• NWC announces new program; Only company insiders would know of climate change-related risks concealed from shareholders, the IRS and the public. The campaign will help these insiders secure confidential whistleblower status.
  • More here. Can whistleblowers save the Amazon rainforest?

Continue Reading Whistleblowers were big news in 2019. Here’s a sample.

The New York Times offers a profile of a family that had to flee their Russian homeland — to an American city “they would rather not name’ — after blowing the whistle on athletic doping.

“We are just like any middle-class American family,” Vitaly Stepanov said of life with his wife, Yuliya, and their kindergartner son, Robert. “Well, except for the whistle-blower part.”

Oh, yes. That. The Stepanovs, in truth, are not a typical family at all: Yuliya, 33, once was a top middle-distance runner on Russia’s national team. Vitaly, 37, worked for the Russian Anti-Doping Agency. 

Earlier this month, an international anti-doping panel barred Russia from competition for four years, a period that includes the upcoming Olympic Games in Tokyo.

“As whistle-blowers, we never imagined things going this far, and it’s surreal that the cheats won’t be welcomed at the Olympic Games,” Vitaly said. “Finally, after so many half-measures, something real is being done to Russia as a punishment.”

The Times reports that they have been labeled as traitors in Russia, where president, Vladimir Putin, has called Yuliya “Judas.”They want to stay in the U.S. and have applied for asylum.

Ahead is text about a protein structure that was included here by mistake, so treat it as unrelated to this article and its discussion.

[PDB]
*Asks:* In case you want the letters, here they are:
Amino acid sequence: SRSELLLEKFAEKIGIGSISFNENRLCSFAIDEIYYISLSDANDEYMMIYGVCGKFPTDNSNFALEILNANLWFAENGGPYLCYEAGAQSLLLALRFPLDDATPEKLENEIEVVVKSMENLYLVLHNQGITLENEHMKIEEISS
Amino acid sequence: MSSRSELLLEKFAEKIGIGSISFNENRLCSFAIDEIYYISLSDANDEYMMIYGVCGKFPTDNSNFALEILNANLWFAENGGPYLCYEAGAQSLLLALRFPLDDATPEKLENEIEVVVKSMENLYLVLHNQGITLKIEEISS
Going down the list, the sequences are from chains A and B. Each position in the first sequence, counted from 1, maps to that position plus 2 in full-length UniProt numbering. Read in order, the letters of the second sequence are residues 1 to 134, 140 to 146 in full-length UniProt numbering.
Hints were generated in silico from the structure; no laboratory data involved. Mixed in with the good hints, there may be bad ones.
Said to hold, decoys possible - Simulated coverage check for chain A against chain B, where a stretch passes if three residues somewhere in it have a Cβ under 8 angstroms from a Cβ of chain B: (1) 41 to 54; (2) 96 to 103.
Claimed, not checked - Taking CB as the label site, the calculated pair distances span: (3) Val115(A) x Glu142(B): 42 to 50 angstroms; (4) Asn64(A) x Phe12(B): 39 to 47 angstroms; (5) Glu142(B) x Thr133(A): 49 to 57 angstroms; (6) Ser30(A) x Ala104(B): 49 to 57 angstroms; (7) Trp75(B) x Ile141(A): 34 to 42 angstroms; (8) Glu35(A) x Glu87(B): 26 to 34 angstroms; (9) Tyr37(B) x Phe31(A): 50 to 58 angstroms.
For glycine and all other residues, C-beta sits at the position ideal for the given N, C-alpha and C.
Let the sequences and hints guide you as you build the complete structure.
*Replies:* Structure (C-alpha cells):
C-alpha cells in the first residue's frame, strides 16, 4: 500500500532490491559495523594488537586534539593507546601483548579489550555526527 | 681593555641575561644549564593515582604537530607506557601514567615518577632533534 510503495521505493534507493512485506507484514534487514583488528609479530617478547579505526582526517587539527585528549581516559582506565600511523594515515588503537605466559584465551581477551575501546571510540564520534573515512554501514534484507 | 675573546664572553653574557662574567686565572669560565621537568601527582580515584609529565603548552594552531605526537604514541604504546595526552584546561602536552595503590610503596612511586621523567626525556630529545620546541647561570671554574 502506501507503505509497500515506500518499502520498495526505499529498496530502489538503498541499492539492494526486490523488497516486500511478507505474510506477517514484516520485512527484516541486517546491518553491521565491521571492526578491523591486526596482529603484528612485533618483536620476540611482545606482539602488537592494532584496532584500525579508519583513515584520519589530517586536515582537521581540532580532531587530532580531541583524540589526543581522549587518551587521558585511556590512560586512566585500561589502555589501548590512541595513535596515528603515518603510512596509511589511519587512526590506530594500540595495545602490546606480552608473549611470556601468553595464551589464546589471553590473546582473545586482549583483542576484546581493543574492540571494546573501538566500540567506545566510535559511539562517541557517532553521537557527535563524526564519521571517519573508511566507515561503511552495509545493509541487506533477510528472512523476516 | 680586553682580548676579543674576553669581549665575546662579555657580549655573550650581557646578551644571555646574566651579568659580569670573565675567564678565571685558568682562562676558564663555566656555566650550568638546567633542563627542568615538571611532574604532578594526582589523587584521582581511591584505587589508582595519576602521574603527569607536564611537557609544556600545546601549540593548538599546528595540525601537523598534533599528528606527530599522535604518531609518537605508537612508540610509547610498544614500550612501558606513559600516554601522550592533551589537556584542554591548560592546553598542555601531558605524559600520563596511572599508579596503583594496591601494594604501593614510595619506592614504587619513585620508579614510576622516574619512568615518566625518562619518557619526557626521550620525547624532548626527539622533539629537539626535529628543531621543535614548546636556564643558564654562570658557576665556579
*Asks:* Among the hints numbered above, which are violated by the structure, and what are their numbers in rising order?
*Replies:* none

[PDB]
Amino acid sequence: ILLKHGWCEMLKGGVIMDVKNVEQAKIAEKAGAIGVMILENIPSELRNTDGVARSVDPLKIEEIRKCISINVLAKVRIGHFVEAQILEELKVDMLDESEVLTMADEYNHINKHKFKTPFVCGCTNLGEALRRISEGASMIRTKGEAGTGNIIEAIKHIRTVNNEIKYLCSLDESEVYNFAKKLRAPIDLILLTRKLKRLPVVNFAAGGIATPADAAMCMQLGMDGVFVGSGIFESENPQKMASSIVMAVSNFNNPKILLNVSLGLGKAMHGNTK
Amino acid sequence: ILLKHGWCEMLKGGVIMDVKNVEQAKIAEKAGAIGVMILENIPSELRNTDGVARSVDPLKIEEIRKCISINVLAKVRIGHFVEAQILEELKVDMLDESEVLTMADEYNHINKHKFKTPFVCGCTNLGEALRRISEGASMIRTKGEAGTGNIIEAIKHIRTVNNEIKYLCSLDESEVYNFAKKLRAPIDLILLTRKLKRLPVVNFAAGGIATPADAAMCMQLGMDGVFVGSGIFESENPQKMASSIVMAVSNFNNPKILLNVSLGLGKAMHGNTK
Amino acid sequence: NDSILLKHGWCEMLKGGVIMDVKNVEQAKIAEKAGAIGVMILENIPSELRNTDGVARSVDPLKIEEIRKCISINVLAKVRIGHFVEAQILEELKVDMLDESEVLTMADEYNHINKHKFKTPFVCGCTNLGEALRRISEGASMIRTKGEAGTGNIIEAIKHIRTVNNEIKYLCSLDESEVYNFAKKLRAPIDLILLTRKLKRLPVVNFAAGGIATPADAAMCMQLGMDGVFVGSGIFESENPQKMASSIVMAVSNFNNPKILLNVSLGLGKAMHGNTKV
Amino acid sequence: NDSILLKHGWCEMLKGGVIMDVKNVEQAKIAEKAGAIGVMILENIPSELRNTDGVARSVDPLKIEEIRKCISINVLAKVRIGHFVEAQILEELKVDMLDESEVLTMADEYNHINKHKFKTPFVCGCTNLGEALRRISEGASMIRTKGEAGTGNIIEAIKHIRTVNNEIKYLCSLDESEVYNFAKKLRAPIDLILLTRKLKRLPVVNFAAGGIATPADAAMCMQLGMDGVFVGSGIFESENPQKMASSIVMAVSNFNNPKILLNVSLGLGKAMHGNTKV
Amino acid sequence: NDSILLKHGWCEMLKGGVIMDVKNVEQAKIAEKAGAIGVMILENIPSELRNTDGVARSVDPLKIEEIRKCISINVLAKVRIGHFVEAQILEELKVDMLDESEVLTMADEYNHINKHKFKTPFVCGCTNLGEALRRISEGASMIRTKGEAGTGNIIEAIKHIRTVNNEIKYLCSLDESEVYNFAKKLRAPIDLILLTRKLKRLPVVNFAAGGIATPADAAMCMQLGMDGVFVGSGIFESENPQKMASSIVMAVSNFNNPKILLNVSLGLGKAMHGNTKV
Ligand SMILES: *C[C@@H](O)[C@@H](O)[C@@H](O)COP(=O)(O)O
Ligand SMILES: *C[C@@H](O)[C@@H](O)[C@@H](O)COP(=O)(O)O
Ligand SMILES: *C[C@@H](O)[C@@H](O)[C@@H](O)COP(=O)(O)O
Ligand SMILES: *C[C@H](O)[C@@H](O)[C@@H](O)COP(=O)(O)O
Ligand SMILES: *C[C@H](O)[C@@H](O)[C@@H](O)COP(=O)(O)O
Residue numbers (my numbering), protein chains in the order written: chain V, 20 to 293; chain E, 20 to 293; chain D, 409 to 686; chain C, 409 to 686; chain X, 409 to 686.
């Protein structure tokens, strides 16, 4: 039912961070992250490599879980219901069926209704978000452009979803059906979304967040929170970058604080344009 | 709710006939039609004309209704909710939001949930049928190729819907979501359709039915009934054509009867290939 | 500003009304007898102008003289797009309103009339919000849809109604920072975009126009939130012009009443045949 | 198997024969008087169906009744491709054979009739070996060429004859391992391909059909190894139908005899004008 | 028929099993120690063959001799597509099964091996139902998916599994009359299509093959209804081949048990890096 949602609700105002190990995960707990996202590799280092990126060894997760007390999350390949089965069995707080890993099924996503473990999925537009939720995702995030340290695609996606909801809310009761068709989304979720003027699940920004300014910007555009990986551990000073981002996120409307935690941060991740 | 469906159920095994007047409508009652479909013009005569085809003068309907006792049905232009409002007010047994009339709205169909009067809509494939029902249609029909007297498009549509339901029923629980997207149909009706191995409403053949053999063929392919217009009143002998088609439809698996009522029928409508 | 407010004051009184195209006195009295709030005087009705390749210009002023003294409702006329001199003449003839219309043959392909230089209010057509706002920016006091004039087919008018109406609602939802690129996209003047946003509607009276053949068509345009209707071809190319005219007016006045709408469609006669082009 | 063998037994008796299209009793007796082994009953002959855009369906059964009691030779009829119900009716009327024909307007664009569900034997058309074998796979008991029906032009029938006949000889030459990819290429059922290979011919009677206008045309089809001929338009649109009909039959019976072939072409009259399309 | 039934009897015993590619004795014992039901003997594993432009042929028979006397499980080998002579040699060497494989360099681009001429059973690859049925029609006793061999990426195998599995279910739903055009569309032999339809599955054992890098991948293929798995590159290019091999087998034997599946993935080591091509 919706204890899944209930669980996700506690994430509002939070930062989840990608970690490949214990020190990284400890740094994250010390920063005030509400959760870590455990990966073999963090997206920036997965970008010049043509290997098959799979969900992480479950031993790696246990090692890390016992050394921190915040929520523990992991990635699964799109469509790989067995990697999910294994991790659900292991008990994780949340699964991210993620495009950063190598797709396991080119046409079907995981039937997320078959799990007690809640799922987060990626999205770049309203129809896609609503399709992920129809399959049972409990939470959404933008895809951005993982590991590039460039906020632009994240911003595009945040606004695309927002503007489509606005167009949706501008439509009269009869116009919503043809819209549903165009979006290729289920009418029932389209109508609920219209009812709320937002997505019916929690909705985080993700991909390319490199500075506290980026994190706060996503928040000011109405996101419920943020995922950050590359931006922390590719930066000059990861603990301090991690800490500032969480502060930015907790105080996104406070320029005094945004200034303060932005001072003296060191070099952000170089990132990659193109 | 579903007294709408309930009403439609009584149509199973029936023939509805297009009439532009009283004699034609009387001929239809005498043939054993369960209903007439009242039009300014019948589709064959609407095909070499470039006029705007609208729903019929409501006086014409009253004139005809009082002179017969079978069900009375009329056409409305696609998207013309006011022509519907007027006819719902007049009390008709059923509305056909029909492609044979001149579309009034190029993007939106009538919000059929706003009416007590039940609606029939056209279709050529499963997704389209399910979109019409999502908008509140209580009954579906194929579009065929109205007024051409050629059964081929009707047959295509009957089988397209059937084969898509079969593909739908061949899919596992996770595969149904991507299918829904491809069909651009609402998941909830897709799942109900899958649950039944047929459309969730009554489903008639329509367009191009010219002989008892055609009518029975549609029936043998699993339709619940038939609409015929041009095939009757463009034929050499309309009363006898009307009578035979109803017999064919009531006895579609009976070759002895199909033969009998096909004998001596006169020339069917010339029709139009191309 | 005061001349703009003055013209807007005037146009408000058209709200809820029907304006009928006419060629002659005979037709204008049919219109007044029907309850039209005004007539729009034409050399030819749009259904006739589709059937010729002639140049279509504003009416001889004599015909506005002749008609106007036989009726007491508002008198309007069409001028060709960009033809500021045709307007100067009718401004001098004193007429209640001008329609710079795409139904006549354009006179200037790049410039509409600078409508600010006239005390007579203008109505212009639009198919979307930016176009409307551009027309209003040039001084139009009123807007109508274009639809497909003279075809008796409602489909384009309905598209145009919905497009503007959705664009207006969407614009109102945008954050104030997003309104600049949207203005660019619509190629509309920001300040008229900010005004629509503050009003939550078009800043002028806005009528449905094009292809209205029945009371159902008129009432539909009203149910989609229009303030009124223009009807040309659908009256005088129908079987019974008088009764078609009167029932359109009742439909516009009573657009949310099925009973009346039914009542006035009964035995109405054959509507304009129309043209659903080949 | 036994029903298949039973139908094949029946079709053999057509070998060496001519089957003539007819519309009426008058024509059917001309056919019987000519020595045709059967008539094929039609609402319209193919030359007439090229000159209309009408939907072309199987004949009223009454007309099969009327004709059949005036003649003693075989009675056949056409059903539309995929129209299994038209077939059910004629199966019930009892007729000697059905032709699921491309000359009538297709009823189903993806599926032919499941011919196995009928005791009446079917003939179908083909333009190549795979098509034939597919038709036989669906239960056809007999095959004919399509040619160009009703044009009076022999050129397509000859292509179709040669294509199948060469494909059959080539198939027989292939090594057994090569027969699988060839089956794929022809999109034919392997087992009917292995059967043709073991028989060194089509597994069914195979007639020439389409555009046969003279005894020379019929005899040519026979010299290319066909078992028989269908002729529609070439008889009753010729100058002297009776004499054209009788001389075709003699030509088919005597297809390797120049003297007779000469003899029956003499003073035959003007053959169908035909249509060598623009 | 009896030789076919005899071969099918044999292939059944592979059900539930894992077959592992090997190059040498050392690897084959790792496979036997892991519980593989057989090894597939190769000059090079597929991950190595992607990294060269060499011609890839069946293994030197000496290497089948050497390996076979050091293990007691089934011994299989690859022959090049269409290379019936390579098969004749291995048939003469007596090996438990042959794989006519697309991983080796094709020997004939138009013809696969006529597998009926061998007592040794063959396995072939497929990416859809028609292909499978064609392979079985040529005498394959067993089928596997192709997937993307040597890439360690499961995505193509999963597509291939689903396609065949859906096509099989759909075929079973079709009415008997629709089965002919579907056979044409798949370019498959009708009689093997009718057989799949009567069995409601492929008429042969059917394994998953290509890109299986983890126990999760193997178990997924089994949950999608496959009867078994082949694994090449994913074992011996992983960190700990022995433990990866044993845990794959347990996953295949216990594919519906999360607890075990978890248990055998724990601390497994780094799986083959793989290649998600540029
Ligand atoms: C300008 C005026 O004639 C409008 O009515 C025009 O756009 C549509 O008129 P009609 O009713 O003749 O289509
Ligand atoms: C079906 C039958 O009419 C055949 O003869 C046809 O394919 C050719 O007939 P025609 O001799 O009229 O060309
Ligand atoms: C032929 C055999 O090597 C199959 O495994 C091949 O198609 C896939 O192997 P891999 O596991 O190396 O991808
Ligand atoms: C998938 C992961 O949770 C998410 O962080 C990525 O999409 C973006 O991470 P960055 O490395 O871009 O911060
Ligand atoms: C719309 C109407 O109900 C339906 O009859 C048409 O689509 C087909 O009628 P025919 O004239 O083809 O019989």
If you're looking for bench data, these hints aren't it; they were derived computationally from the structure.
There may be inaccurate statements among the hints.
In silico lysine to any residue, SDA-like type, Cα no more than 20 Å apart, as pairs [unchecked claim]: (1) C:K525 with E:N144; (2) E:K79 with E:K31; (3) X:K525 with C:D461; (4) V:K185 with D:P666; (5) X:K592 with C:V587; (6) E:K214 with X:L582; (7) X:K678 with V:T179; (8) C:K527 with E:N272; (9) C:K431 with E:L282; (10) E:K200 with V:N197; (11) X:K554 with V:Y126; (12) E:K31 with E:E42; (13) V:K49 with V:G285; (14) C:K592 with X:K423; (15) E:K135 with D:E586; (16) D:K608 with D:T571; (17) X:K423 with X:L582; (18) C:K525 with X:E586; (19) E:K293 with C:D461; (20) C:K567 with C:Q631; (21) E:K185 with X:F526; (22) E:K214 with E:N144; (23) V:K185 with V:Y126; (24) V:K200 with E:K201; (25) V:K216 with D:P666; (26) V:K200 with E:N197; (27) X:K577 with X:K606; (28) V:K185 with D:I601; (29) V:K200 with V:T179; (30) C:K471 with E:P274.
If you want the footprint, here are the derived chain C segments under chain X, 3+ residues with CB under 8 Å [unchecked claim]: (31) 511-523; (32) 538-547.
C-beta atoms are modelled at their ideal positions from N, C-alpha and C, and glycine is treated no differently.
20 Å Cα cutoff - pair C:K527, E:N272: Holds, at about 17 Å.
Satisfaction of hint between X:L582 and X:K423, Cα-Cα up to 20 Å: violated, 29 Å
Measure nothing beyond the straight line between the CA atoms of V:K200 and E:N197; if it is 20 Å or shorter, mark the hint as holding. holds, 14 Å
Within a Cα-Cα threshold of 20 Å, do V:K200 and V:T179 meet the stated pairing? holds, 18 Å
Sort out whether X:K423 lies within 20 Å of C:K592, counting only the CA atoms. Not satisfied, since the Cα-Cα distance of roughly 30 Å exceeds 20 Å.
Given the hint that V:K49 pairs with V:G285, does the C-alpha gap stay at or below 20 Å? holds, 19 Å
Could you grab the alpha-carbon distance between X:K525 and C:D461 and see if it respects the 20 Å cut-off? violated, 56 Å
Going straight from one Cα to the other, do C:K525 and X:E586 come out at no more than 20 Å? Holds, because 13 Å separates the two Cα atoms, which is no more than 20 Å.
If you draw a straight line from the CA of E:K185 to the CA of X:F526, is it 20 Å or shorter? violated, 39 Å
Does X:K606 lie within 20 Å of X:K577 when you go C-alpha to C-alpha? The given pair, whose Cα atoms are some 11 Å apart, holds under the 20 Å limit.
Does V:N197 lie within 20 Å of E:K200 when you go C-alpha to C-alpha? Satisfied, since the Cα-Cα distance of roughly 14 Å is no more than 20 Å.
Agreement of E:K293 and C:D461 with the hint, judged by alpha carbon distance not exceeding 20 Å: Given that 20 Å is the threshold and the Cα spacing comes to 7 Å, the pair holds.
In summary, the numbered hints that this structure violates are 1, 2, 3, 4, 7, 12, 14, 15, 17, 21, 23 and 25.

As for those back in Russia who have verbally attacked her and her husband, Yuliya was straightforward in her response. “They hate us for telling the truth,’’ she said. “I’ve seen comments on the internet like, ‘We should kill those traitors, we should go poison them.’ But we feel safe here. We want to stay here.’’’

More on the case here from the NWC.

In the meantime, Time magazine reports that Russia plans to appeal the recent ruling  and has charged it’s former anti-doping laboratory director Grigory Rodchenkov with tampering with a lab database.  Rodchenkov has also fled the country and is now working with the World Anti-Doping Agency.

With Russia planning a legal challenge to WADA’s sporting sanctions, the next step for Rodchenkov could be testifying at the Court of Arbitration for Sport in the spring. His lawyer said he’s ready.

“If WADA or any other agency needs Grigory to testify, Grigory will uphold his promise to cooperate fully to help atone for his role,” Walden said.